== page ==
Currently, there is a lack of evidence and understanding about which groups of young people going to universities may have poorer life outcomes (such as education, employment, and mental health and wellbeing) as a result of their mental health and wellbeing during their adolescent years. These life outcomes and their mental health and wellbeing, however, are important for understanding the context of the complex social identities of young people, such as the intersections between their gender, ethnicity, sexuality, religion and socio-economic status (SES). Much of the large body of quantitative research on life outcomes tends to focus on one social characteristic/identity of the student, such as the young person’s gender or ethnicity or socioeconomic status, but not the combination of all of these, i.e. the intersectionalities.
The main objectives of this research project are to:
Reduce the evidence gap on how the mental health and wellbeing of adolescents affect their transitions into higher education and their life outcomes after graduating.
Create information for policymakers (such as government, universities and charities) to implement suitable policies and practices that can enhance mental health and wellbeing outcomes.
Determine whether any findings vary based on individuals’ social characteristics (particularly the intersectionality of social characteristics, such as differences between white male students and black male students).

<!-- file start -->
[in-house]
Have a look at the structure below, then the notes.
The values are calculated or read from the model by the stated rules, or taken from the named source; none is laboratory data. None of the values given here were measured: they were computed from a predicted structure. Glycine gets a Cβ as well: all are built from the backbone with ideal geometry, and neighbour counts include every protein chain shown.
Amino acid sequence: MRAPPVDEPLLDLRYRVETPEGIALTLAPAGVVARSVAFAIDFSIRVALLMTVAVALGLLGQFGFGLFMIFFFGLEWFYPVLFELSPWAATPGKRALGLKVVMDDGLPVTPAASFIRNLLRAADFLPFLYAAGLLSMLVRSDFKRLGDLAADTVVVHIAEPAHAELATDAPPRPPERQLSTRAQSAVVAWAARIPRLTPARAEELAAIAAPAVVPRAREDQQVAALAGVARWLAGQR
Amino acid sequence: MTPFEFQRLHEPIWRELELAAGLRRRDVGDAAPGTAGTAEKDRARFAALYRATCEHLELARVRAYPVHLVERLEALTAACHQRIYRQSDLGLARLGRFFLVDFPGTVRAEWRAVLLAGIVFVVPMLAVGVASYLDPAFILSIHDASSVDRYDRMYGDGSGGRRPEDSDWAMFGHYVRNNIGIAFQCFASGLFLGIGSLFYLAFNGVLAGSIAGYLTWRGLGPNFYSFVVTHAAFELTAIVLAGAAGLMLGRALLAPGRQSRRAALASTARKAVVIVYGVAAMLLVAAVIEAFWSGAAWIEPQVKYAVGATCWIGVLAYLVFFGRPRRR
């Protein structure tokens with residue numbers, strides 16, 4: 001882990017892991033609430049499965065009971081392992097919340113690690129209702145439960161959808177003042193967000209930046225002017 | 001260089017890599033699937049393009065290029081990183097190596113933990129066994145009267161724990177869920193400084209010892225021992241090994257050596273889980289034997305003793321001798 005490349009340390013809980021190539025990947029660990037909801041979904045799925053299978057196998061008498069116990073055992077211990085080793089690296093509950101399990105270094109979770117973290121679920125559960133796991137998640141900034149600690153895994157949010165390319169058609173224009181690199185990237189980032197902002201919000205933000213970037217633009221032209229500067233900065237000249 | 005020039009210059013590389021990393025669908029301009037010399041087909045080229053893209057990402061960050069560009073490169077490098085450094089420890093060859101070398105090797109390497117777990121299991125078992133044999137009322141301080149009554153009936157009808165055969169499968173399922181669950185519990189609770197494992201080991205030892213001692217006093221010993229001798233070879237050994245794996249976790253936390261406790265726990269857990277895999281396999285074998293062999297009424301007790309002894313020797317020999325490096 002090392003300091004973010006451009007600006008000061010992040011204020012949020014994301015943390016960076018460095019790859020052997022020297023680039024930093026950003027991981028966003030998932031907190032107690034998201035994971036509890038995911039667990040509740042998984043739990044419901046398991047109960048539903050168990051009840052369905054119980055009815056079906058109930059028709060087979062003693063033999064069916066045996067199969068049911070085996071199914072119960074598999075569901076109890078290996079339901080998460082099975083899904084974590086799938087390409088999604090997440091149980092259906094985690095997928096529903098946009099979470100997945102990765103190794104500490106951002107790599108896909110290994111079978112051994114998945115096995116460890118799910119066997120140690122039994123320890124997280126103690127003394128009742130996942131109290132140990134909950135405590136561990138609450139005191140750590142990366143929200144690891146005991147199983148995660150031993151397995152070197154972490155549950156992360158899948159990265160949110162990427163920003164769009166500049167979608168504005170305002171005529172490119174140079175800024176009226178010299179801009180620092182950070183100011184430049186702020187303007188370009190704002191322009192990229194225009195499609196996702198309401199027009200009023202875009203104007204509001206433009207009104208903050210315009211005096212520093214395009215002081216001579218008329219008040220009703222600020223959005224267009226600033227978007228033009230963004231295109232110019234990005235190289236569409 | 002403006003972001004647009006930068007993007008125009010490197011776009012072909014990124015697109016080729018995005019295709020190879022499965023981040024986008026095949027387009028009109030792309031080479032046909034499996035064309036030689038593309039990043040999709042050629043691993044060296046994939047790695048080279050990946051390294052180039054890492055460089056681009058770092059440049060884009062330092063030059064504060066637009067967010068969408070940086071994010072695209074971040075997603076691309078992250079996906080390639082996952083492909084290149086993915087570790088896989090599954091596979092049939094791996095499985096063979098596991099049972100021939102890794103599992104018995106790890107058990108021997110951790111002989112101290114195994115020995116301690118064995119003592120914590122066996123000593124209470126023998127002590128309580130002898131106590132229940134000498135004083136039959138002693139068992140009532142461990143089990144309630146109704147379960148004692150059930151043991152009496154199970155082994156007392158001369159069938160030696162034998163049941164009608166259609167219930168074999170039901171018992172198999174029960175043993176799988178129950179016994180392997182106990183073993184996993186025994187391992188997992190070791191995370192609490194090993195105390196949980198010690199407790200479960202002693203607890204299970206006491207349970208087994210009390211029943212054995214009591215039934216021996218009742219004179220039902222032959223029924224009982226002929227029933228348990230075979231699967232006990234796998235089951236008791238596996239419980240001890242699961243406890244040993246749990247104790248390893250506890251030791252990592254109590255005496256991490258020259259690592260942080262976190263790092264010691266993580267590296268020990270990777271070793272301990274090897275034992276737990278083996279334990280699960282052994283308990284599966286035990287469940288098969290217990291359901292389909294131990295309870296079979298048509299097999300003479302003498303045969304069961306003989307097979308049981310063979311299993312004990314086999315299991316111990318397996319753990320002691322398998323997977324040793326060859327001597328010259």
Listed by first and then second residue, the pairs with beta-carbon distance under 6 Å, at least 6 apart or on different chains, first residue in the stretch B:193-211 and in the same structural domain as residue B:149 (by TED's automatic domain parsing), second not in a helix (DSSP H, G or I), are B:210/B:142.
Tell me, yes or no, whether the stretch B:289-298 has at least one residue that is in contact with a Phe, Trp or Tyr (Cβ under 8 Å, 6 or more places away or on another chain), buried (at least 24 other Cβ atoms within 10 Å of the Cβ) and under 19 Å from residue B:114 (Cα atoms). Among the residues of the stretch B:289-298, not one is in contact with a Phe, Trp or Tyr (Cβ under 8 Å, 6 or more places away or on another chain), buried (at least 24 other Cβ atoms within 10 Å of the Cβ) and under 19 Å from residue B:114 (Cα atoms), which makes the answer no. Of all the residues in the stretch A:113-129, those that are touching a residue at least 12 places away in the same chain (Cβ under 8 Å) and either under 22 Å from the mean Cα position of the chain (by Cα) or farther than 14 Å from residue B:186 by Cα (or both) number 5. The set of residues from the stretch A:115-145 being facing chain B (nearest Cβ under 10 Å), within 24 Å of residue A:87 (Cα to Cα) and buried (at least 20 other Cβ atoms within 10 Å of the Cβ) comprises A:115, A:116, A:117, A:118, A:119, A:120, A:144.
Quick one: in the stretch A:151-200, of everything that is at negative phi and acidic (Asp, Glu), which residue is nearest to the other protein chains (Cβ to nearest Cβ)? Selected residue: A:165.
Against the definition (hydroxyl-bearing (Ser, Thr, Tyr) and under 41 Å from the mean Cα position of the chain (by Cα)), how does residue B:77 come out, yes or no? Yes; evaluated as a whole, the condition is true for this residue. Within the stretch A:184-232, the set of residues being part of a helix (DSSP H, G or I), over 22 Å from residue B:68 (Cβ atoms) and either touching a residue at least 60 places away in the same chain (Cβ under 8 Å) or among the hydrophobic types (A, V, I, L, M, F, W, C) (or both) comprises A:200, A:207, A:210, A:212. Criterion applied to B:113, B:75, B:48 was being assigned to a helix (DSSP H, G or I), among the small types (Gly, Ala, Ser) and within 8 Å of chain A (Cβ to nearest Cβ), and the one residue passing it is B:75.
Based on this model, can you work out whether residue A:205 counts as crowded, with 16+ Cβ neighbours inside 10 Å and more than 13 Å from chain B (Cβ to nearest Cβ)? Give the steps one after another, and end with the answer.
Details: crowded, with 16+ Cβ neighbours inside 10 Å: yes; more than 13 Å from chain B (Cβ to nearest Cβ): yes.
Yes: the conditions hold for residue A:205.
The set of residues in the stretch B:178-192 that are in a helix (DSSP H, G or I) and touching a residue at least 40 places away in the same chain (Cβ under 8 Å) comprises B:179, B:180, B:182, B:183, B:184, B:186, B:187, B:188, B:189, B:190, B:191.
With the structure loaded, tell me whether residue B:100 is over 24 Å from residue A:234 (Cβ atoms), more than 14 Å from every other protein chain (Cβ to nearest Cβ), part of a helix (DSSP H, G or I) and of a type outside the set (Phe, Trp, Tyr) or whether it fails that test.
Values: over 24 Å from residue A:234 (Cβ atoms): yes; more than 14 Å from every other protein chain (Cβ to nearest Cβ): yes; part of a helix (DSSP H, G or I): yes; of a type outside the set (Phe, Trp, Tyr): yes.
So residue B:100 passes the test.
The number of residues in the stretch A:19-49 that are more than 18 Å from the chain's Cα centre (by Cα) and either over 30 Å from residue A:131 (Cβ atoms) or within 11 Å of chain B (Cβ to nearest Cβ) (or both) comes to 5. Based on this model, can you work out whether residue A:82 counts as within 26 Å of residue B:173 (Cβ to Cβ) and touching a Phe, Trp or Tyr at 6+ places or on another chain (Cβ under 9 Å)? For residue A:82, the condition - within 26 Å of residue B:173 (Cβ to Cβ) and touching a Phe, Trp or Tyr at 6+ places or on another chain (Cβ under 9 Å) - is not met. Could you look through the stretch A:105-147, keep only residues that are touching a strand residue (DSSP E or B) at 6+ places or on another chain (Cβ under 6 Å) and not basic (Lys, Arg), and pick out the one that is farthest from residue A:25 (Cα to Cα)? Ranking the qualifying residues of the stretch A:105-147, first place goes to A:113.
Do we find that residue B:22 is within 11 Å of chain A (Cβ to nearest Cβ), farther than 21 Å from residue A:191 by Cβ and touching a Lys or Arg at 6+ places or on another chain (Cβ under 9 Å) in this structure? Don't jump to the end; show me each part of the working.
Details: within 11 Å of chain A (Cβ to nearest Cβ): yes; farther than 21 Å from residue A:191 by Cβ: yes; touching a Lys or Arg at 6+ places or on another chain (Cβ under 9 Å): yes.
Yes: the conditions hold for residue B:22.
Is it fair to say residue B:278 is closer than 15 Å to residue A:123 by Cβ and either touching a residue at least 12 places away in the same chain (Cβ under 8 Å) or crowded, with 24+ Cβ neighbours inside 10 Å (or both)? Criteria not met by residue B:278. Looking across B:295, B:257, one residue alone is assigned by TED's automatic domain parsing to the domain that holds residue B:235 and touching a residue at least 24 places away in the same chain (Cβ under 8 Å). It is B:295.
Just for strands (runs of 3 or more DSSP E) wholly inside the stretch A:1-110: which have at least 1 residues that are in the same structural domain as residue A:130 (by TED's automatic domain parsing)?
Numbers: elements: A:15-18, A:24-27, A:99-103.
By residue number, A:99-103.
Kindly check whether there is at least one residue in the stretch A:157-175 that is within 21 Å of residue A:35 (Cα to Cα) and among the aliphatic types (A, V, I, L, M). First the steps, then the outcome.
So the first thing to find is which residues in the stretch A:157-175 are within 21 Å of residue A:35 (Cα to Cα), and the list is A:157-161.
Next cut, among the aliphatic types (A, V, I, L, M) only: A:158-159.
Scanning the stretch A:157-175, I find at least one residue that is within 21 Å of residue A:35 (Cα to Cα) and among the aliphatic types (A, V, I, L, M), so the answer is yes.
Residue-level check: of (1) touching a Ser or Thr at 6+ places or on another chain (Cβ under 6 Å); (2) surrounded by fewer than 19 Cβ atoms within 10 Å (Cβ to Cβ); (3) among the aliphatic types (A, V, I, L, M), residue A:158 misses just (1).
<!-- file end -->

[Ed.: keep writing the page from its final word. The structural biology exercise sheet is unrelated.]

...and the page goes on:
This research utilises a secondary data analysis approach making use of longitudinal data from the Next Steps Study (formerly the Longitudinal Study of Young People in England [LSYPE]). Next Steps is a major national cohort study following a representative sample of over 15,000 people born in 1989-90 over 7 years between 2004-2010 (from when they were 13-19 years old), then again in 2015 (when they were 25 years old). Data were collected on factors including their attitudes, education, SES, and mental health and wellbeing. We will supplement these data with university environment data.
Currently, in the #StudentWellLives project we are grappling with how to define mental health and wellbeing. Often, the terms mental health and wellbeing are used interchangeably, but research suggests they should be viewed as being connected, but conceptually… Read More
What constitutes the appropriate/ right data that HEIs and governments need to collect to understand student mental health and wellbeing is something that our project hopefully might be able to contribute to. We recognise that collecting this type of data requires a huge resource and infrastructure investment and hence we hope to provide clear guidelines in the future about what may be the best data to collect to understand how the university environment affects student mental health and wellbeing.
The Student Wellbeing & Life Outcomes Project launched at the beginning of July and we have got straight to work on the first phase of our four-phase project. As a secondary data analysis project, our main job at… Read More